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Heat Pump Paired with Boiler

littlej Member Posts: 2
Hello. I've been in the residential HVAC business for a few years now, and recently have found myself thinking about dual fuel setups.

During my research, I read somewhere - sadly, I forget where - that one of the things you need to consider when setting up a dual fuel system is that, when the auxiliary fossil fuel kicks in, the heat pump turns off, so you're losing the cheap heat it can provide, meaning your system isn't as efficient as it could be.

My thought then was, if the house already has a boiler with radiators/baseboards, and if everything is wired in and set up right, what's stopping someone from installing a heat pump, and using the boiler as the auxiliary heat? That way, you can have you heat pump running at the same time as your fossil fuel system.

The only real issue I can think of is that the boiler must be sized and set up to heat the house as though the heat pump weren't there, in case it ever had to carry the load by itself. This would mean that during normal operation of such a system, the boiler may short cycle more often. This makes me think that a mod-con boiler with outdoor reset is a must for something like this, but even then, short cycling might still be an issue.

The other thing I can think of is a comfort issue if you're near an air vent. In cold weather, that supply air is never gonna be warm!

I haven't been able to find anything in my books or online about a system like this. I think it's worth thinking about, but I will admit I could be very wrong about it due to my lack of knowledge and experience: most of my time is spent with forced air systems. That is why I'm here for insights into this.

Thanks for reading

(as for defrost, I'd probably keep the electric heaters in to keep the air from getting too cold! would also work as an extra backup heat in a pinch)


  • Jamie Hall
    Jamie Hall Member Posts: 23,458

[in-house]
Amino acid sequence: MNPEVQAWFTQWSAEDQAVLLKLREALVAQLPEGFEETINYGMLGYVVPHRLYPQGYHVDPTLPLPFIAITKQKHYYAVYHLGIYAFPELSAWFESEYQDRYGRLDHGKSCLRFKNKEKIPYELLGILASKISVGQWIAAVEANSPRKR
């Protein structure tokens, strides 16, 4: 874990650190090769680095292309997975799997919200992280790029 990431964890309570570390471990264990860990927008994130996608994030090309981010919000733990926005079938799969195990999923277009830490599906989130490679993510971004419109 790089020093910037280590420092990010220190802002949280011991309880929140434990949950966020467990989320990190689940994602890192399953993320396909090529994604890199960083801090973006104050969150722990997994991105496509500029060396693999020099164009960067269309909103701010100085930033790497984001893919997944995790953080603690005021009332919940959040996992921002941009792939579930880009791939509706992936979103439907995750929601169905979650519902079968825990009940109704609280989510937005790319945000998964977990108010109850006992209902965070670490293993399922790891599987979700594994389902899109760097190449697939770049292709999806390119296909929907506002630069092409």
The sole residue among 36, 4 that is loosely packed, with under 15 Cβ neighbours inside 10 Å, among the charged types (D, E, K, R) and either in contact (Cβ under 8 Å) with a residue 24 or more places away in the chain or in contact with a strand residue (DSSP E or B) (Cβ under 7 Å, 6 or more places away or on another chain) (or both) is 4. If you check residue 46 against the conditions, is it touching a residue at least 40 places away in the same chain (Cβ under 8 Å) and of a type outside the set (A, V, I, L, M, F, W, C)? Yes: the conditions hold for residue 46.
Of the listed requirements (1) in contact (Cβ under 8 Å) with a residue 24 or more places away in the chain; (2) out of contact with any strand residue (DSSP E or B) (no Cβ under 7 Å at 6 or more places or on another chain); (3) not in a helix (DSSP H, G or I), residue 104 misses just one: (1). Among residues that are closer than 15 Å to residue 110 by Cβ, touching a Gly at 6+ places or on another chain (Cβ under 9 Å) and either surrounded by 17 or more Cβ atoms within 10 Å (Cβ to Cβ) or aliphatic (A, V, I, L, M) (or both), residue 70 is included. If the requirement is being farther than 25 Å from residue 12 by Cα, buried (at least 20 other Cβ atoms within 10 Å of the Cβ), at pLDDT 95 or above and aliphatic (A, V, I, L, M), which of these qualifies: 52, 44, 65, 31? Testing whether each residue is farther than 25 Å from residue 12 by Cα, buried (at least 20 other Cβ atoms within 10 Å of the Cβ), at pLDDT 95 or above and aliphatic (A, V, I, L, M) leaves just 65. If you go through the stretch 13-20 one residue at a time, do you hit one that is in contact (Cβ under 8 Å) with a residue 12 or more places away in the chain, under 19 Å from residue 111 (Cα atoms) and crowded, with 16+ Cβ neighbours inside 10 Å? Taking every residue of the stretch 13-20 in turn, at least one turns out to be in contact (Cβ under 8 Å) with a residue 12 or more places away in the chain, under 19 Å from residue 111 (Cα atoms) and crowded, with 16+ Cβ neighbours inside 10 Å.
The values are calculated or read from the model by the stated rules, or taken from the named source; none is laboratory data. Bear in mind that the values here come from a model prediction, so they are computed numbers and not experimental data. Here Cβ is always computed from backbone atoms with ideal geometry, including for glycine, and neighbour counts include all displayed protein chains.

One of the tricks -- there are others -- is that you need to remember that the overall efficiency of the heat pump including the generation of the electricity to run it drops as the temperature drops. At some point -- and this will vary for each installation -- the efficiency of your fuel burning equipment will be greater than the heat pump. At some other point, again depending on the installation, the cost of running the heat pump will exceed the cost of running the boiler.

    Therefore... depending on whether the green your client is looking at is environmental or money, there will be some outside temperature at which it is better to run the boiler.

    So... you figure out what that temperature is, and set your controls to switch over at that temperature (with, of course, a sufficient dead band so that things aren't constantly switching back and forth).

    If you are looking at hot water heat, there is an additional consideration: if you have enough radiation so that a mod/con boiler will work well, that switchover temperature will be very different -- considerably higher -- than a conventional boiler, since a mod/con's efficiency increases with decreasing return water temperature -- and you can decrease the return water temperature as the outside temperature rises.
    Br. Jamie, osb
    Building superintendent/caretaker, 7200 sq. ft. historic house museum with dependencies in New England
    HVACNUT Member Posts: 5,865
    Honeywell offers thermostats, the Prestige I think, that offers staging with programmed indoor temp differential set points or outdoor temp set point for stage 2. Some will need a fossil fuel kit.
  • Steamhead
    Steamhead Member Posts: 16,904
    We have one job where an outdoor thermostat in the HP outdoor unit stops the heat pump and calls in "emergency heat" (the boiler) at 40 degrees or so. All the switching is done in the 24V control wiring.
    All Steamed Up, Inc.
    Towson, MD, USA
    Steam, Vapor & Hot-Water Heating Specialists
    Oil & Gas Burner Service
  • littlej
    littlej Member Posts: 2
    edited August 2018
    Jamie - your comments appear to be about the "economic balance point," the temperature at which a heat pump costs more money to run than a fossil fuel. I have found a few resources for calculating that, and have found that, even at 80% efficiency and a heat pump with a very good COP, my best result in my area is a balance point of 50F. Ouch! I guess my line of thinking is only worth it in an area with cheaper electricity.

    For reference, the area is the Baltimore Washington metro area, and comparing with natural gas. I'd probably get a lower balance point if the boiler were propane or oil, but still, this was enlightening/

    Thank you for your post, this exercise has been a real eye opener for me.
  • njtommy
    njtommy Member Posts: 1,105
    I’ve been running a dual fuel with a heat pump and hydro air for the last 4 fours. I absolutely love it. It’s very comfortable I get really long run times with low discharge air temps of 100-105f. Makes for a very comfortable house. I’m still hoping to do radiant floor and panel rads one day, but work is just way too busy.
  • Topazy
    Topazy Member Posts: 3
    There's literally nothing you can find in books.
    Was searching as well.That is fine!
    I posted quite a lot about our Mitsubishi EcoDan 14kw heat pump some time ago. Nothings changed, still brilliant after several years. Location rural Scotland, old house with a total electric bill ~£800 odd pa. We do have solar pv which helps. Cheers